Return of the Elephant
I have been debating for quite some time just how to go about reviewing Paul Hornschemeier's Return of the Elephant. It's a difficult book to approach critically, simply because so much of its impact depends upon a gradual inversion of the reader's assumptions. I don't want to give anything away for anyone who hasn't read it yet. That is not to say that there is a "shock" revelation at the ending of the book, as in an M. Night Shamalyan movie -- more to the point, until the book is almost over, you have simply not been given enough information to understand what is going on. The reveal, while jarring, is all the more effective because it is not truly a surprise at all. It merely makes sense, and in such a way as to cast the entire narrative in a wholly new and different light.
This almost seems like an attempt by Hornschemeier to break out of the reader expectations created by his earlier successes, notably the acclaimed Mother, Come Home. Much of his earlier work has been characterized by an almost mannered emotional delicacy, attuned to small moments of character nuance that necessitated a strong degree of empathetic response from the reader. Anyone who picks up Return of the Elephant expecting a story in this mode will not only be disappointed, they will be rightly repulsed. The story begins in that mode, with seemingly sympathetic characters is recognizably quotidian surroundings. Readers have been conditioned to expect certain things from certain types of stories, and Hornschemeier has enough awareness of the trappings of this genre to skillfully manipulate the reader into a false sense of security.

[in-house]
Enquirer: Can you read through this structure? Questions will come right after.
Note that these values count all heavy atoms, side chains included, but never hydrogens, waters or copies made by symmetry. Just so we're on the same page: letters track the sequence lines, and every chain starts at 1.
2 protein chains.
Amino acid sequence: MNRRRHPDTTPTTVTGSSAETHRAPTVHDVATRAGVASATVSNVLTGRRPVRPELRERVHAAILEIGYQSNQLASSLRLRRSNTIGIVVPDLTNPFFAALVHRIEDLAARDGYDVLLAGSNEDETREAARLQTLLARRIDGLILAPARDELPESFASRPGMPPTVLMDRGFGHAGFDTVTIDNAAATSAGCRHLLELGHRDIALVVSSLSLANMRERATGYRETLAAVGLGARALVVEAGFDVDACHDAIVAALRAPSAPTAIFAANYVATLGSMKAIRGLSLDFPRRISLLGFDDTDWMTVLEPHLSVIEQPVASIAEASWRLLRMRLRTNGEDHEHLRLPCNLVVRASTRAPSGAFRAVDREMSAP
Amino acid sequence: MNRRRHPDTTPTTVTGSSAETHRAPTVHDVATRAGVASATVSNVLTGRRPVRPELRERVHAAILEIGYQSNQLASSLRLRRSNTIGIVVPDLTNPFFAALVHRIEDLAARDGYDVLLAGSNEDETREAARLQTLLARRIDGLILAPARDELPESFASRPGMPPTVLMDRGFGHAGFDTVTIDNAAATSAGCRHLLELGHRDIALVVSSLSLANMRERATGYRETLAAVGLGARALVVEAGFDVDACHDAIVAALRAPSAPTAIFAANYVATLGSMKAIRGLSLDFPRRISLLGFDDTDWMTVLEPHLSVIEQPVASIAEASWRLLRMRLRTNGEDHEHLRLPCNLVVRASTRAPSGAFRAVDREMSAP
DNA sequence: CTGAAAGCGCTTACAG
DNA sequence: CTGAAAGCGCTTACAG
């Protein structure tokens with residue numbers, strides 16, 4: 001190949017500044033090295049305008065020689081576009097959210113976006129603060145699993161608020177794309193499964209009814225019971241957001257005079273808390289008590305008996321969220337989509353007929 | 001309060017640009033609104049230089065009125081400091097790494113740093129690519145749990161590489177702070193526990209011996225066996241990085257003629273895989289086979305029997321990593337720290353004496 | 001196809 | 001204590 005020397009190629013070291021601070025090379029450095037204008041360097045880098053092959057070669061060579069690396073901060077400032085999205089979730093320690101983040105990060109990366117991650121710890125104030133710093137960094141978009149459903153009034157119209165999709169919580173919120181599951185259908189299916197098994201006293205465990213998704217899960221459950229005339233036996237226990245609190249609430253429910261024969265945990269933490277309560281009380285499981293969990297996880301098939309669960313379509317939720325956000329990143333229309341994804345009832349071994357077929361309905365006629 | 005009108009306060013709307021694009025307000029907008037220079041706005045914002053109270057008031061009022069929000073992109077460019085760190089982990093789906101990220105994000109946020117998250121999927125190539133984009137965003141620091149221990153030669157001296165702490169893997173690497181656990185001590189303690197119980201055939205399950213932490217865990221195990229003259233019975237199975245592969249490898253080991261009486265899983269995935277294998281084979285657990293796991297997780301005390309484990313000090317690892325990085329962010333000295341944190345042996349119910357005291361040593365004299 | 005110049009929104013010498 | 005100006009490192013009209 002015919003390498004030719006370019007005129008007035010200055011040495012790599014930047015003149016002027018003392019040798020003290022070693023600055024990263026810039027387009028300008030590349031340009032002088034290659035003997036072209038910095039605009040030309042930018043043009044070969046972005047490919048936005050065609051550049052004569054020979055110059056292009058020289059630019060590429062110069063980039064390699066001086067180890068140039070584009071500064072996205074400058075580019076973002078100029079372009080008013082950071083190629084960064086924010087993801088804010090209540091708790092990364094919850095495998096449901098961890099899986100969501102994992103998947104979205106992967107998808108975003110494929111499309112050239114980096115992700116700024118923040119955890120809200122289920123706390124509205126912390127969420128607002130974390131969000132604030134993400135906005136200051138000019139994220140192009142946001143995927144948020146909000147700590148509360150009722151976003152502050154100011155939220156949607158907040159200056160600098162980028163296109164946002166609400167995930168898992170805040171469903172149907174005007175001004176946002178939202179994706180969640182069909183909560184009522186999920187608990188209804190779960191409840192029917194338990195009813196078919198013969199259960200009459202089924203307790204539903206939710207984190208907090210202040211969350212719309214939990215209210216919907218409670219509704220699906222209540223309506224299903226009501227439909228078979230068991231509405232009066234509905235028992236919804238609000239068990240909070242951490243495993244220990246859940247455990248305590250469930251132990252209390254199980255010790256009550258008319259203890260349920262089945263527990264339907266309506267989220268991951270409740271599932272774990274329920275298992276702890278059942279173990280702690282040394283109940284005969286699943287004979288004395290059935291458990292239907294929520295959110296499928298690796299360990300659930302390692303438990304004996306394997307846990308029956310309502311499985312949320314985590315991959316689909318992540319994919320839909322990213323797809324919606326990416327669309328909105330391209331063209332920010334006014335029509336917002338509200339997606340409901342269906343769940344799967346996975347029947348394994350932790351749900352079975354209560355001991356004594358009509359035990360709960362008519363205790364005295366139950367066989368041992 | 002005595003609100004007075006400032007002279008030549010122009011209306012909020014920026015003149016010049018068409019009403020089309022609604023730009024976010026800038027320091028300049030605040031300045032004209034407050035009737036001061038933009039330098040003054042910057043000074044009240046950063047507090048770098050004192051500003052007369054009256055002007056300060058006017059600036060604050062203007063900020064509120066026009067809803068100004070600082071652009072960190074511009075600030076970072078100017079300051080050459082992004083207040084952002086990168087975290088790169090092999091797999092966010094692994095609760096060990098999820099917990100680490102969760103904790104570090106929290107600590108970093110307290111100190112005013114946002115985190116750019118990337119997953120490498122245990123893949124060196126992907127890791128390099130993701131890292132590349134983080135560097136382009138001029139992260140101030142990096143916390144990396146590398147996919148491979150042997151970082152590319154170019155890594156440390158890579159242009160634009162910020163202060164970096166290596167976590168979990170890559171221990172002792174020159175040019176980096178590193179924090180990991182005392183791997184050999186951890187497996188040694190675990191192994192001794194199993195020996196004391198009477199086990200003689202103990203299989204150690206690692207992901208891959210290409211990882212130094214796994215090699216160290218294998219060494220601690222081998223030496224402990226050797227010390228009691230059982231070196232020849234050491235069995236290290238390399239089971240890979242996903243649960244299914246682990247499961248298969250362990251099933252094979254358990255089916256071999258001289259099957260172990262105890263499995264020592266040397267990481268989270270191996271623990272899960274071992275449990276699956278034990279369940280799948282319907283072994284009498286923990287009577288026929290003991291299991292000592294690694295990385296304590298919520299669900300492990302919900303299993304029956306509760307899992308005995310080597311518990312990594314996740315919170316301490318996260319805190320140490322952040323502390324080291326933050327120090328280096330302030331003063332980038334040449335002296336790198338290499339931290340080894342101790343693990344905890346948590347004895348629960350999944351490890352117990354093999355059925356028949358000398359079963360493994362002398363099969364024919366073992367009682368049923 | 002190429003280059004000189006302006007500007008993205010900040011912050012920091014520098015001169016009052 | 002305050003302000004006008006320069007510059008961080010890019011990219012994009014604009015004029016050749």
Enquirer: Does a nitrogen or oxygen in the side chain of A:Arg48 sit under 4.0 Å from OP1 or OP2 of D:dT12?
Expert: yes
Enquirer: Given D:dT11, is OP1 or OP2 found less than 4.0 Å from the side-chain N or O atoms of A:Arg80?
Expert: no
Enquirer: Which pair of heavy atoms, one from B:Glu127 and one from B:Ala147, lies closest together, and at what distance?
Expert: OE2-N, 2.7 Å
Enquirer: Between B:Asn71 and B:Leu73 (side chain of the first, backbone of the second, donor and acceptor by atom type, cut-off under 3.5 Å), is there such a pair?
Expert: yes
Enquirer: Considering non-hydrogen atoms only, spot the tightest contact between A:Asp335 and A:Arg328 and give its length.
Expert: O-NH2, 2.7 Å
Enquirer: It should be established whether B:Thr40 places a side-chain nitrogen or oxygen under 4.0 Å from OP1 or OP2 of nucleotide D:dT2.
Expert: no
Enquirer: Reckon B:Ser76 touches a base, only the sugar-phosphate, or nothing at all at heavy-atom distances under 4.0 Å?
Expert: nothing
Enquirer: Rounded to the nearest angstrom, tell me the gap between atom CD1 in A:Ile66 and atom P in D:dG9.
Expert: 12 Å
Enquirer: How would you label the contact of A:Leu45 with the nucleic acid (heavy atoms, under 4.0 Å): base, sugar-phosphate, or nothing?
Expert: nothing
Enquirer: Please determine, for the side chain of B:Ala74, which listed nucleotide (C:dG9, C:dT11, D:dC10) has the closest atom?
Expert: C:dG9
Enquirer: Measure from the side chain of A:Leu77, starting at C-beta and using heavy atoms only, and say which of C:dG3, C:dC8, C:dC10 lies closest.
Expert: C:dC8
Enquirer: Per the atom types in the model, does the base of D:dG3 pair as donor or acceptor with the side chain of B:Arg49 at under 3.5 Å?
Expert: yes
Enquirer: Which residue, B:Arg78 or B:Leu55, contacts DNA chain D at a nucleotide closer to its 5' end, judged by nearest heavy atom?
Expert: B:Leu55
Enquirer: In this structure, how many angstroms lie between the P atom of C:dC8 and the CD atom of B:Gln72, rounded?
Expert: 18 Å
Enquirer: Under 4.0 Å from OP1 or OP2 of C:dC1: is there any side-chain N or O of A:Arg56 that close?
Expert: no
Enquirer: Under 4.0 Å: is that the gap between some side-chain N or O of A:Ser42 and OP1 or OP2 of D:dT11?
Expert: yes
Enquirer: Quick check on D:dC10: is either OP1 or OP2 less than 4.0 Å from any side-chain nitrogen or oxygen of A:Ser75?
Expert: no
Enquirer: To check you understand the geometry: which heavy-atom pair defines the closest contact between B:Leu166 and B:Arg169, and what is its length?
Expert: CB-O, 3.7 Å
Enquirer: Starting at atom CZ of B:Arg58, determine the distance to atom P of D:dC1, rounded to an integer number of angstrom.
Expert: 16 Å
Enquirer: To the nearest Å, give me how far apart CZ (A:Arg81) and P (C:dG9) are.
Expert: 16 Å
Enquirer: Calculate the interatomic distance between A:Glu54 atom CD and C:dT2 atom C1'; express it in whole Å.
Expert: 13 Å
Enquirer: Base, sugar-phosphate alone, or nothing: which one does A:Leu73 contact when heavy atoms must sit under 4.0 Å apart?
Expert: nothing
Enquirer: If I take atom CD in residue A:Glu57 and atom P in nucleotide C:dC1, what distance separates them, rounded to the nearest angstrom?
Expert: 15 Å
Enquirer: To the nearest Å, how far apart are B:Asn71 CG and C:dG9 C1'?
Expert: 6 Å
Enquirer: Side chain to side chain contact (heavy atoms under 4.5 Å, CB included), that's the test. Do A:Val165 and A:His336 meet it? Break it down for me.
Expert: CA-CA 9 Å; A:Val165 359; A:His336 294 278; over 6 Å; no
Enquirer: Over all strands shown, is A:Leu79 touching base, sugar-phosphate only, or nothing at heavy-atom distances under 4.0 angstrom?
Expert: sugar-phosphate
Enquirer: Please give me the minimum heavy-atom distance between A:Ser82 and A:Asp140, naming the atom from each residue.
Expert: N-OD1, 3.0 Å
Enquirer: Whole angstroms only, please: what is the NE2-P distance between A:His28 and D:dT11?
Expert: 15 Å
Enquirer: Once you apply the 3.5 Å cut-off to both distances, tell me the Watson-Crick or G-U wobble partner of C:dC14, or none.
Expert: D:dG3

If you've read any Optic Nerve you know how these sorts of things are supposed to play out. Uncommunicative but empathetic and essentially decent characters stumble through a series of prosaic adventures, revealing themselves gradually to the reader until, presumably, the book ends with a greater insight into the vagaries of human behavior. These type of character sketches are the bread and butter of a certain kind of young cartoonist, the po' faced sensitive lad (or lass) with a lot of insight but certain insurmountable social anxieties which are inevitably revealed in their work. It can be a satisfying mode despite its limitations.
Hornschemeier wants to get under your skin. Reading this book, the reader's expectations are massaged in such a way that we expect a certain type of narrative to emerge. When in fact, the narrative slowly builds towards an entirely different kind of revelation than the one which we have been led to expect, the feeling is one of small black ants crawling underneath your skin. Truly unsettling. It's a short book, and it doesn't take very long to re-read -- and once you do, you will find that what you had taken to be a sparse and naturalistic narrative was actually dense with symbols and thematic signifiers. None of this is revealed until the end, when it becomes obvious that this is an entirely different book than you had been expecting at the outset.
The thing that keeps Return of the Elephant from being merely a trick, a gimmick, is the haunting simplicity of the eventual revelation. The front and back covers, which may seem on first examination to foreshadow a slightly whimsical tale of nostalgia or recollection, become thick with ominous portent. The elephant on the cover changes from a slightly goofy Babar figure to a disfigured and horrid monster, more akin to John Merrick's Elephant Man, reflecting the book's preoccupation with twisted and altered perceptions.
It's a small book but it carries a big impact, hitting like a kick in the chest and staying in your thoughts for a few days afterwards. It's definitely not for the faint of heart. It gives me hope for Hornschemeier's future projects, that he seems so willing to play against type and toy with the expectations of his audience in order to deliver something so blatantly horrifying. Perhaps the acclaim that accompanied his earlier work will not go unjustified.
(You can purchase a copy of Return of the Elephant here if you so desire – I don’t get any cash for this one but don’t let that stop you!)